[R-sig-ME] conditional vs. marginal coefficients in GLMM [was: Shrinkage of ORs in a glmm]

David Atkins datkins at u.washington.edu
Tue Mar 8 05:48:32 CET 2011

Hi Lorenz--

Building on David Duffy's post, there is, in fact, a notable difference 
between the fixed-effects generated from a GLMM and the fixed-effects 
from a GEE -- the former are conditional on the random-effects (ie, they 
do not "average over" the random-effects) whereas the latter are marginal.

The best description of this that I have found is the article by 
Heagerty and Zeger in Statistical Science (2000, I think).

The GLMM are conditional because:

-- there is a non-identity link function, and
-- the random-effects are part of the linear predictor

because of these, the random-effects have zero mean on the scale of the 
linear predictor, but *not* on the scale of the outcome.  Raudenbush and 
Bryk (2002) also discuss this in their book.

To the list generally, I am curious as to how folks have addressed this 
in applied settings -- that is, as far as I can tell, many times we *do* 
want to interpret GLMM fixed-effects as if they were marginal.  Heagerty 
and Zeger present formula for converting between the two, but not sure 
whether that would be possible to use with glmer() output or not.

Would be happy to provide an example with real data if that were helpful 
to clarify the issues.

cheers, Dave

On Mon, 7 Mar 2011, lorenz.gygax at art.admin.ch wrote:

 > Dear Mixed-modelers,
 > in a recently submitted paper, we used a glmm to estimate the risk of
 > claw injuries in dairy cows on a set of 36 farms that differed in the
 > type of flooring and were visited three times.
 > So far, we have worked with glmmPQL but may now switch to glmer because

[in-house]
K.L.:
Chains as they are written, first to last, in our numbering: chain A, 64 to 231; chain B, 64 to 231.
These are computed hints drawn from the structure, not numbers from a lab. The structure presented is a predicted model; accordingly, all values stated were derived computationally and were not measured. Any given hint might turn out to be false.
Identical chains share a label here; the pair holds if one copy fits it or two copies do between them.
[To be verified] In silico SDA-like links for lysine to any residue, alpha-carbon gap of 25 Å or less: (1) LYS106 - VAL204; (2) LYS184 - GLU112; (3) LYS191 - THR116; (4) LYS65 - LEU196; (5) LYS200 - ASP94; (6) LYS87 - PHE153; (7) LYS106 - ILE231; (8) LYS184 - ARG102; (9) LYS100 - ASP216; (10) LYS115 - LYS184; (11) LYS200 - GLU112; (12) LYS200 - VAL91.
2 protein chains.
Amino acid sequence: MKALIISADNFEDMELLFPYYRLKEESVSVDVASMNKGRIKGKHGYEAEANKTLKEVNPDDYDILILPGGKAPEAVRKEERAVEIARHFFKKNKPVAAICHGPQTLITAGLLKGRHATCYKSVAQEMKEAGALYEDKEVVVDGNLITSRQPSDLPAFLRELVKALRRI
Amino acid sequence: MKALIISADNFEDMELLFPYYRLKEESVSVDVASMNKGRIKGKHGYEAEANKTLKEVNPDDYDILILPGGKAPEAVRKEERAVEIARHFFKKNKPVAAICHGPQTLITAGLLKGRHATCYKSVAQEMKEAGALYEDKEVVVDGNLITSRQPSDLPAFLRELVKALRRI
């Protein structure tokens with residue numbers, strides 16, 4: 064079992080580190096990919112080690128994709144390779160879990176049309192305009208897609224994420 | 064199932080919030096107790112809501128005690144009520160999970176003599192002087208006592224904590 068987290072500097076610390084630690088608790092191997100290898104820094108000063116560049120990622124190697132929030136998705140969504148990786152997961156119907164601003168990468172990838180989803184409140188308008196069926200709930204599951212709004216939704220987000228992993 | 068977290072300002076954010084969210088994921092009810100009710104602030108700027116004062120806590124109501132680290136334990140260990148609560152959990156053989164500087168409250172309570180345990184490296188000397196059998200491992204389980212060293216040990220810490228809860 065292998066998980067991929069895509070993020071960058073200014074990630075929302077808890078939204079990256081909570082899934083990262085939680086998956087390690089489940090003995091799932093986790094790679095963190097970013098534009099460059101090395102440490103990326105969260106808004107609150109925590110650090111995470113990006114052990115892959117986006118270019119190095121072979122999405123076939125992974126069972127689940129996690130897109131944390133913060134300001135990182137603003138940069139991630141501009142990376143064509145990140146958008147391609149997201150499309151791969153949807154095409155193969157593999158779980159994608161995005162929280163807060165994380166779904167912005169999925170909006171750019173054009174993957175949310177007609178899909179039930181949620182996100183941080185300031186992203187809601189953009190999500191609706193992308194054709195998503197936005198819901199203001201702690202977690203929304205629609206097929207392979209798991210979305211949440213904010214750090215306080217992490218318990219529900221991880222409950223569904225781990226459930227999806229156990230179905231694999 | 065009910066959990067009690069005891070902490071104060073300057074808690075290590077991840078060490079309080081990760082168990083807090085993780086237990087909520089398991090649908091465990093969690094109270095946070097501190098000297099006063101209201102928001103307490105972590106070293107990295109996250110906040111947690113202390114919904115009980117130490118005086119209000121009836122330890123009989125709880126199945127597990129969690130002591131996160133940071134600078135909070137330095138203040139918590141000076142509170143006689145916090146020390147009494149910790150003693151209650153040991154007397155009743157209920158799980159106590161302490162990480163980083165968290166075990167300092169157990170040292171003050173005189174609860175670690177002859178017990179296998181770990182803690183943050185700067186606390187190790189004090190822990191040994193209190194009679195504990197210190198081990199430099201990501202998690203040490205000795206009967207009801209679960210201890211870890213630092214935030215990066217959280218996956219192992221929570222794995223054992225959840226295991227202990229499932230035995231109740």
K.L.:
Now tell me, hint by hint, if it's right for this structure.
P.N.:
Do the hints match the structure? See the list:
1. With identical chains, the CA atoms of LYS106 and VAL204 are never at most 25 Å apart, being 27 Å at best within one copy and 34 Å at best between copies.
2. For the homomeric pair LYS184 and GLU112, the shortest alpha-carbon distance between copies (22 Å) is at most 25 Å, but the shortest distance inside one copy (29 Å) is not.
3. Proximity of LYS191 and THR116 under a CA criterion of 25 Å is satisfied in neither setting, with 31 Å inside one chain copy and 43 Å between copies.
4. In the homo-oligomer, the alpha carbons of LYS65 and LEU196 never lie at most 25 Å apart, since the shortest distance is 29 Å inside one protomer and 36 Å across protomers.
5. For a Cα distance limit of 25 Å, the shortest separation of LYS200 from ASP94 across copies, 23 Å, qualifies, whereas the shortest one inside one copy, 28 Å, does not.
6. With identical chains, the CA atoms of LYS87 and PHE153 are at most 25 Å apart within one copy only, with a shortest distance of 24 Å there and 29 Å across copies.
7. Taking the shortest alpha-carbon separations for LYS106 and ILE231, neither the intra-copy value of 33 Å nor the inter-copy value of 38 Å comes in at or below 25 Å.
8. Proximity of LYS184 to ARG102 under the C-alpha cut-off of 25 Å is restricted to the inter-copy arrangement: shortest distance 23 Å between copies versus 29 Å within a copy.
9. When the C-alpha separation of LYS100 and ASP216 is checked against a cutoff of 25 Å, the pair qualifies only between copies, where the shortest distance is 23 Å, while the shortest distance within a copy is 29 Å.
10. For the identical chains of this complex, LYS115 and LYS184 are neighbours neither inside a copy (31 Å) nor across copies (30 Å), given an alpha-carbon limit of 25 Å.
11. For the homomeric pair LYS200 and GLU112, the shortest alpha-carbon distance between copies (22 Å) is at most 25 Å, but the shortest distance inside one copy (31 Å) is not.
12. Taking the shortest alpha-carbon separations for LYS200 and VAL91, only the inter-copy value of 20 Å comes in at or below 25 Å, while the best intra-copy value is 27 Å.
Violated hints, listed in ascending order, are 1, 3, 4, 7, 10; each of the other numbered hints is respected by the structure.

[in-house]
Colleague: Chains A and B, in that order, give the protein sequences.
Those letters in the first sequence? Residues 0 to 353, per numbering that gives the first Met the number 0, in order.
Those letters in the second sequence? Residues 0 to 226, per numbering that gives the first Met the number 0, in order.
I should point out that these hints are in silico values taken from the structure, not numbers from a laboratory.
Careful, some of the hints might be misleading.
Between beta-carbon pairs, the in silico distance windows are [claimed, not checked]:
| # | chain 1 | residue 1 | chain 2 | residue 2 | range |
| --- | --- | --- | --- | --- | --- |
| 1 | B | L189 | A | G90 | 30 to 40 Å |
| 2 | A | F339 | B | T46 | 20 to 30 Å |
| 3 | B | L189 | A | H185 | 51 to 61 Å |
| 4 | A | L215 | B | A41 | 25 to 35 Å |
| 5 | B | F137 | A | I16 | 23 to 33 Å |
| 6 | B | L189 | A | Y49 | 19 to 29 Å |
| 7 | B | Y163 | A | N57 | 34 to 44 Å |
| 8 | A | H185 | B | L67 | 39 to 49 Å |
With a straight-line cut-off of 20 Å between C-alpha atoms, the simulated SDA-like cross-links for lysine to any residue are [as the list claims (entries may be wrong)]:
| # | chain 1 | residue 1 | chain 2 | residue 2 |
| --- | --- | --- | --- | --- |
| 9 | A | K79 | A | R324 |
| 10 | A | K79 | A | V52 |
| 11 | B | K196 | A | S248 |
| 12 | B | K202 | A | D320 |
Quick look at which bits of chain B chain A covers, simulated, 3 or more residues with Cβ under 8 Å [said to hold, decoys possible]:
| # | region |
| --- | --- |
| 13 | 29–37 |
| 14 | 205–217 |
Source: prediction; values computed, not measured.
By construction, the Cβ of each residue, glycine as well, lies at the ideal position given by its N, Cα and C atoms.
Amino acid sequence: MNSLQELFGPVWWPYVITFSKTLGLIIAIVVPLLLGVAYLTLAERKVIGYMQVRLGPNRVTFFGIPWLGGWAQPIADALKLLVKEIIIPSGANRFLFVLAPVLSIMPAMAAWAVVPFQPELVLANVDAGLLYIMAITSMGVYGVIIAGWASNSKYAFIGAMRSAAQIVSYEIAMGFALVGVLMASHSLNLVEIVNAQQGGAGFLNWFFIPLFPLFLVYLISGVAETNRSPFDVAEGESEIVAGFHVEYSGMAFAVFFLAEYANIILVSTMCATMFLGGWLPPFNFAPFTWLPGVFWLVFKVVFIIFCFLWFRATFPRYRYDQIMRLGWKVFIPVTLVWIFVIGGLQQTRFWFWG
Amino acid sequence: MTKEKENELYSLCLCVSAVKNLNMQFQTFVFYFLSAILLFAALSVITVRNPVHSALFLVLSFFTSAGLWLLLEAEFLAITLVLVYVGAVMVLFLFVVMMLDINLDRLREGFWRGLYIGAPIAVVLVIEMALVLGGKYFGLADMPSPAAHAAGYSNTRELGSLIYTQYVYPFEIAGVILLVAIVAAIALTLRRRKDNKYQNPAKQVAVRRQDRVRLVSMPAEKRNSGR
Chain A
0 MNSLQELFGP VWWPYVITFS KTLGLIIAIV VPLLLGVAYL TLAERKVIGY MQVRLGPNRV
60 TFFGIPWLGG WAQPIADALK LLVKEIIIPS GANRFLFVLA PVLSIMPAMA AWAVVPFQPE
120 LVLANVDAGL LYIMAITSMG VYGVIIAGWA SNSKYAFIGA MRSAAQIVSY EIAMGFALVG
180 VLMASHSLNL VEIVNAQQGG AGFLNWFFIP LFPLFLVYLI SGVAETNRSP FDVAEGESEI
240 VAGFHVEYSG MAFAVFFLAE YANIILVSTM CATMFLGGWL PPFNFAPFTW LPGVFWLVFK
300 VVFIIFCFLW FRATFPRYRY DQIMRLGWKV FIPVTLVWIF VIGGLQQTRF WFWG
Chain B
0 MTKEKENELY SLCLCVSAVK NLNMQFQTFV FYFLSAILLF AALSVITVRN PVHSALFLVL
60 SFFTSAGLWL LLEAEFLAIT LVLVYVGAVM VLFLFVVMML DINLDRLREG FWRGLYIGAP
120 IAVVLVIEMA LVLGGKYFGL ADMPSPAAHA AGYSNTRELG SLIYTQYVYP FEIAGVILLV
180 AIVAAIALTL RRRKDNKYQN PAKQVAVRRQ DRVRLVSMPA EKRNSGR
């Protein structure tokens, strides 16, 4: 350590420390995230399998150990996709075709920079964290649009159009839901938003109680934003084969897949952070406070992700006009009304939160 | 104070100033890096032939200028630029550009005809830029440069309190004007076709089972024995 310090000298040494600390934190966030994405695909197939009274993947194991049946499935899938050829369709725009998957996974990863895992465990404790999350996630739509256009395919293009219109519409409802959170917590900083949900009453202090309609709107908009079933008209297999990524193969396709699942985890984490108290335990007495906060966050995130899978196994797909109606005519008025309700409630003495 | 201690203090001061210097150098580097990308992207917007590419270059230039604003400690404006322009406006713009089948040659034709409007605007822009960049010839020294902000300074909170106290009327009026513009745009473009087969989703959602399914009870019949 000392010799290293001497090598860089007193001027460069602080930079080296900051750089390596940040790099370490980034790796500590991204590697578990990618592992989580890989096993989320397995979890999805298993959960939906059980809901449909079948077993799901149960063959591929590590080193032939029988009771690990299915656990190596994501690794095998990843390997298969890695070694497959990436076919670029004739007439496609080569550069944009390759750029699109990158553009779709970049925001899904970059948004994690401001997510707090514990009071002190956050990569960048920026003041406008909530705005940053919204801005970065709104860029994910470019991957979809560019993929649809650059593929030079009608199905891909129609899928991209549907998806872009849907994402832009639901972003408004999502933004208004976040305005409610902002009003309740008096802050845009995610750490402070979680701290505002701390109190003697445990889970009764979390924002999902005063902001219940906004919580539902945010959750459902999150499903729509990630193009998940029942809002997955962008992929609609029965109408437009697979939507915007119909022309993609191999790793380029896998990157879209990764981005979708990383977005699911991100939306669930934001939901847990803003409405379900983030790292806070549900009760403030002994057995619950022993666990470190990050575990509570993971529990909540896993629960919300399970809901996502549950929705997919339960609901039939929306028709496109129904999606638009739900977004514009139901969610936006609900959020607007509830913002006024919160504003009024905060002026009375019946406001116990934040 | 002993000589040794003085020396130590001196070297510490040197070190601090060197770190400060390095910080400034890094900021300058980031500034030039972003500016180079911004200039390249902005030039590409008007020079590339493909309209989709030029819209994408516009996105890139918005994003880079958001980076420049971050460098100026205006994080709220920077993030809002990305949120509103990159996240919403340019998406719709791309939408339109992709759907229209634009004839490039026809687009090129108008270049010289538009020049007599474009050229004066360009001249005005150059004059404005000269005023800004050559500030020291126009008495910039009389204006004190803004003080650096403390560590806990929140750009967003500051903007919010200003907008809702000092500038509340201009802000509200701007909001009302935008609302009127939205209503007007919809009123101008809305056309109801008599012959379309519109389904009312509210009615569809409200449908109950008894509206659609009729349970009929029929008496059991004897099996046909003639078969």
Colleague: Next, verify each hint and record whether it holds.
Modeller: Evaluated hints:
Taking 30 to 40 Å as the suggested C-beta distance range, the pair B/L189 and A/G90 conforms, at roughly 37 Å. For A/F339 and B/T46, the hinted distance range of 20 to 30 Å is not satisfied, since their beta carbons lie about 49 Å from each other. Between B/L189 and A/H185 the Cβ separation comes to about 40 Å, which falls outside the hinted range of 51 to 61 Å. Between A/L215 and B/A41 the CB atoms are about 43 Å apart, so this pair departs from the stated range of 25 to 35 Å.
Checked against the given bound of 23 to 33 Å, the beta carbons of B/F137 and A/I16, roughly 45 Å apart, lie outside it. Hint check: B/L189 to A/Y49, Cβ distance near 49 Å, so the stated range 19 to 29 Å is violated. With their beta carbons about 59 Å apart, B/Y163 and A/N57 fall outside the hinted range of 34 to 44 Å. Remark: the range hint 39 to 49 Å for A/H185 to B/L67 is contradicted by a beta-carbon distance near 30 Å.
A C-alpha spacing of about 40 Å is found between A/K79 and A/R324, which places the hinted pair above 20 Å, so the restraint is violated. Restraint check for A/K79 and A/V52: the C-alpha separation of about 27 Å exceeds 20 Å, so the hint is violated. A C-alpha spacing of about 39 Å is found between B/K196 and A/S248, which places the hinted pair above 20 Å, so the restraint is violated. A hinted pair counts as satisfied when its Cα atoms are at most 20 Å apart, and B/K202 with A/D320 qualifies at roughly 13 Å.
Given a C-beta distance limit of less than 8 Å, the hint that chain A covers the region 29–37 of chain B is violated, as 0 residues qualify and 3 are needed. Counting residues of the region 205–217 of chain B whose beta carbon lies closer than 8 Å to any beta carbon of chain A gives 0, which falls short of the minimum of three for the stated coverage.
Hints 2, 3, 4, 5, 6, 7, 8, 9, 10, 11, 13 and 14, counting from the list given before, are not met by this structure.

> we were asked to calculate LR-tests by one of the reviewers. In
 > addition, we are asked that we shrink our estimated odds-ratios at the
 > population level. So far we have calculated these as e to the power of
 > the estimated parameters.
 > I have thought that shrinkage happens automatically in a mixed-effects
 > model but this does not seem to be the case depending on the numerical
 > implementation (see comment of the reviewer below). Is this additional
 > shrinkage indeed necessary and is there an easy implementation on how
 > this shrinkage can be done in e.g. lme4?

If I understand this correctly, his comments are wrt marginal versus
mixed-effects estimates for fixed effects.  Fitzmaurice gives some nice
numerical examples in lecture notes online (towards the end)


Using PQL is also complicated by its problems with bias.

Simplest might be to fit a GEE and compare the results, but taking your
predictions from a logistic mixed model, converting these to absolute
risks and looking at risk differences for the different flooring
for animals across the range of farms would address the practical
outcomes.  The _attributable risk_ would be the predicted
total fall in (annual) injuries if one changed all farms to the best floor
covering.  This obviously can be specific to your universe of 36 farms, or
extended to a larger population of farms assuming a particular
distribution of fixed and random effects. This type of number can also be
plugged into a cost-effectiveness analysis.

Cheers, David Duffy.

| David Duffy (MBBS PhD)                                         ,-_|\
| email: davidD at qimr.edu.au  ph: INT+61+7+3362-0217 fax: -0101  /     *
| Epidemiology Unit, Queensland Institute of Medical Research   \_,-._/
| 300 Herston Rd, Brisbane, Queensland 4029, Australia  GPG 4D0B994A v

Dave Atkins, PhD
Research Associate Professor
Department of Psychiatry and Behavioral Science
University of Washington
datkins at u.washington.edu

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